Doesn't this apply to men, too?
Barbara: Yes and no. The indecision does apply to men. I think more so than it has before because I think men are stepping up a lot more at home and with family. Which is not to say they're covering their share of the second shift, but they're doing more than their dads did.
But here's where I think it's different. Men have been raised for generations to know what their role is, to go seek and conquer, to go out and slay the dragons. Their role is more defined. They've got role models. The culture accepts that. For women, it's new. We have that extra layer on top of trying to figure this all out.
You make another distinction in the book, saying women's choices are more loaded than men's. Why?
Shannon: One not insignificant factor is the biological clock. It's a sad fact of life and it's not fair, but it's a fact. Women have a deadline on having kids, where men don't. So if you want to make that work … It adds another level of pressure and angst. If I do this—it's like a chess move—what does it mean for this and this and that?
When it comes to career, what's the difference between settling and making a compromise?
Shannon: It's a difference of perspective, really. Settling is sort of the dirty word. It's the shadow of a compromise, where compromise is a little bit more positive. Along with the women's empowerment messages, accepting anything less than perfect, less than the best possible man, job, apartment, outfit of your dreams is settling. And settling is selling yourself short. How dare you? You can be in a great job, but it doesn't have X, so rather than being like, this job is so excellent, it gives me this, this, and this, it's like, well, I'm really settling on this one factor, so therefore maybe I can do better.
What advice do you have for women who think the grass always looks greener on the other side, particularly when it comes to career?
Shannon: If you really feel that way, don't be afraid to try. We're all going to have something like 10 jobs in our lifetime. One of the big ironies is that for all of the angst over all of these decisions, things are so much less permanent than they used to be, whether you're talking about a job or a relationship or a mortgage. People don't settle on one path and stick to it like they used to. So allow yourself to try things and allow yourself to fail.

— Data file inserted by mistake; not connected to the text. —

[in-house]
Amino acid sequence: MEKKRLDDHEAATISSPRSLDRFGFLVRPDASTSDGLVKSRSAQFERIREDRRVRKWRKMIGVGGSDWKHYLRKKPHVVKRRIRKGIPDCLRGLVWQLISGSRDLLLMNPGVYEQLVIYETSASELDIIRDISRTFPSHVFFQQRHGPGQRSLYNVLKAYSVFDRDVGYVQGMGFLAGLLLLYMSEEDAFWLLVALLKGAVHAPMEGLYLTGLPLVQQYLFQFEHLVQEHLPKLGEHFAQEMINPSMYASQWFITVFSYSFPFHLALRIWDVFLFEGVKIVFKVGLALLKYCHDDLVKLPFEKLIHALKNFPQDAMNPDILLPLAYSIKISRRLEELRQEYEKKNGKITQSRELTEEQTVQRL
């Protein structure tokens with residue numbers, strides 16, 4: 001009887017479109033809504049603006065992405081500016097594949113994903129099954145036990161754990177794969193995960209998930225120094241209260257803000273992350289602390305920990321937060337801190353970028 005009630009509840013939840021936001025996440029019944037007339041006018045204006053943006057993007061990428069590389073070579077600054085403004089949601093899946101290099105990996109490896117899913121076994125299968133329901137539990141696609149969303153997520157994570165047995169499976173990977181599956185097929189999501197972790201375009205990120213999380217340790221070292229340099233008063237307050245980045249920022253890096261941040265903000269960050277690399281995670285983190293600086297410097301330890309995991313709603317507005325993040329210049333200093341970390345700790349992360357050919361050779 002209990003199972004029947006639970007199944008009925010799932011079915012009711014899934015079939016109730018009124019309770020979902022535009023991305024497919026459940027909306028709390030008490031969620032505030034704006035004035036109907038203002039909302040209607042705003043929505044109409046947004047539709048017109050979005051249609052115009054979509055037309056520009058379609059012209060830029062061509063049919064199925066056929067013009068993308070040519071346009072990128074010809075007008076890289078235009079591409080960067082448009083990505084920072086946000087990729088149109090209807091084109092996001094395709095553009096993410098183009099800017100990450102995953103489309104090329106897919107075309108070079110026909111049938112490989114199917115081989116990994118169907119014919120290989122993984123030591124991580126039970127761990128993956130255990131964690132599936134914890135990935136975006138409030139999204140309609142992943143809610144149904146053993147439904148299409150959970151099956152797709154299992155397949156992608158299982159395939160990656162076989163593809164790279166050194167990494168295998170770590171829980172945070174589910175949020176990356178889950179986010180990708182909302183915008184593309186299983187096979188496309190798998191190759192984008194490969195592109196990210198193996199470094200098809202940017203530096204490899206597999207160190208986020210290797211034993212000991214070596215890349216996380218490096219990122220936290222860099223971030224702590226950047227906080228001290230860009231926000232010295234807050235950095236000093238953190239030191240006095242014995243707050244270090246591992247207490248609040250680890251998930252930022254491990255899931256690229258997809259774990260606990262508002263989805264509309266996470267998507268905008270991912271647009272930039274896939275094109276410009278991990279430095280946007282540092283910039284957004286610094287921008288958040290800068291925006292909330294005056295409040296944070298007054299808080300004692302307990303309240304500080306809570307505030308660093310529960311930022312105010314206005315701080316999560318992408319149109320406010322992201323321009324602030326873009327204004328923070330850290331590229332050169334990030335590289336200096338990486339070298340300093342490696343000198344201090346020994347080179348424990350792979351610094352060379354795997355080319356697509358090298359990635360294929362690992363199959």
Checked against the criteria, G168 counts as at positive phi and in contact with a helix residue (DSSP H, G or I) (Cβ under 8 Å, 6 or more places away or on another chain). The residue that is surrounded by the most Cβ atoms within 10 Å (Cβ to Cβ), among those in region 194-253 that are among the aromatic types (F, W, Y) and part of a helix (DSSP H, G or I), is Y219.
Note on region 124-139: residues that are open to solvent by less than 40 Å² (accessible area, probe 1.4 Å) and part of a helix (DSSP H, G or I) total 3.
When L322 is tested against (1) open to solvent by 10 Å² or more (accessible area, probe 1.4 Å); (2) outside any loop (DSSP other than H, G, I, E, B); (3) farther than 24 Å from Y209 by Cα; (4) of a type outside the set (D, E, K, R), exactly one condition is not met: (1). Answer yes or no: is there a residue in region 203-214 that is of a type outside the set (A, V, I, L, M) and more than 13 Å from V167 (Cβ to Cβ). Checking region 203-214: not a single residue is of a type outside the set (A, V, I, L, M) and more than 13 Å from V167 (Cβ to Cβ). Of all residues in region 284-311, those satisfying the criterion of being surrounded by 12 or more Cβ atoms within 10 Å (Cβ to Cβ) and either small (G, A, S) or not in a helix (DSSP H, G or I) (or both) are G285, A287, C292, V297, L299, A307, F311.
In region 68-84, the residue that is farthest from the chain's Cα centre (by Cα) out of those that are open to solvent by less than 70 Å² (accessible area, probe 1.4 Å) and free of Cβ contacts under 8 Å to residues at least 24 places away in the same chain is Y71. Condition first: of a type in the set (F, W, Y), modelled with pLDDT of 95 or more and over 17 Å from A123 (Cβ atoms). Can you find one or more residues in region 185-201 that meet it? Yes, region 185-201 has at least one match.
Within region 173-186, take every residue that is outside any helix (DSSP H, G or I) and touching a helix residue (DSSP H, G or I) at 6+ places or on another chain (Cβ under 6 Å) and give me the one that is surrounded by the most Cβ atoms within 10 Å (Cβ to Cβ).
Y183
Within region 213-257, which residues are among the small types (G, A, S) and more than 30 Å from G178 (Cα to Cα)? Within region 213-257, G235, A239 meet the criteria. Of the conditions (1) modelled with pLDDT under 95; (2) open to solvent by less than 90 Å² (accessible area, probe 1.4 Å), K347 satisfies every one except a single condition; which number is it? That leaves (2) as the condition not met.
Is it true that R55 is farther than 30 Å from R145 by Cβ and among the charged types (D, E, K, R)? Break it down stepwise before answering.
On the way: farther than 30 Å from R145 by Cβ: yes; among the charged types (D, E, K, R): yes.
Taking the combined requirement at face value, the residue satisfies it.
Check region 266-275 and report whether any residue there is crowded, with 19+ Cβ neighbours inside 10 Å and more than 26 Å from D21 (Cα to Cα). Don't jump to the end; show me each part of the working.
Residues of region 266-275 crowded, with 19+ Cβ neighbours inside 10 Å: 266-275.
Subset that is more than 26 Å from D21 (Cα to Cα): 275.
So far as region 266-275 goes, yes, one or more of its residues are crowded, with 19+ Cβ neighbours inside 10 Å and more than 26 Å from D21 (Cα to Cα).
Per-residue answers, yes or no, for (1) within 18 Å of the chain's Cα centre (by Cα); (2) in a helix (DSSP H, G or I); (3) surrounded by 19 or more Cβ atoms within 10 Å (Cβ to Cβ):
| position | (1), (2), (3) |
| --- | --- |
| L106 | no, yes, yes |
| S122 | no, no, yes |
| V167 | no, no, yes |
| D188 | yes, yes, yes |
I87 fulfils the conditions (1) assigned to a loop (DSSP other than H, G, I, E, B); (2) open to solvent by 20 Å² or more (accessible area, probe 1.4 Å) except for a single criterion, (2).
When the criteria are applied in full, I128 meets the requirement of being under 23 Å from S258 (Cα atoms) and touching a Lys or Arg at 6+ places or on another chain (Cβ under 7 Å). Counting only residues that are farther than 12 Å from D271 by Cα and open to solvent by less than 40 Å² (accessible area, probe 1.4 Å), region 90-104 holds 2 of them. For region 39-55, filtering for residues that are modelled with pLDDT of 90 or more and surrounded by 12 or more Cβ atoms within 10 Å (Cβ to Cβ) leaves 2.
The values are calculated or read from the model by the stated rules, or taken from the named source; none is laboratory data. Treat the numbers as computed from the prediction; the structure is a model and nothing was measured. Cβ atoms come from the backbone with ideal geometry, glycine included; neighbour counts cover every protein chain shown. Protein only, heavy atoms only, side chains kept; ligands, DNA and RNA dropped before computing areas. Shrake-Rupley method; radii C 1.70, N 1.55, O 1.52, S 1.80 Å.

Barbara: Redefine what you mean by happiness or satisfaction. Culturally, we're very aspirational and we tend to measure satisfaction or happiness by externals, when in reality, studies have shown that only about 10 percent of your well-being or your happiness has to do with changed circumstances. So you may be lusting after that new job or new house or new boyfriend, and maybe at the moment that will make you happy, but a few months down the line, you'll be back where you started. Get rid of that arrival fallacy.
You make a point in the book about how online identities play into this. How does the digital world factor in?
Shannon: It puts what's going on on the other side of the fence right up in your face at all possible times. And it's not the reality of what's going on on the other side of the fence. It's a very meticulously curated, very crafted image that other people are portraying—just in the same way that you do and I do—of their lives. We get sucked into the comparison game and the grass-is-always-greener [mentality].
Corrected on 6/7/2011: A previous version of this story misidentified Shannon Kelley’s occupation. She’s a journalist.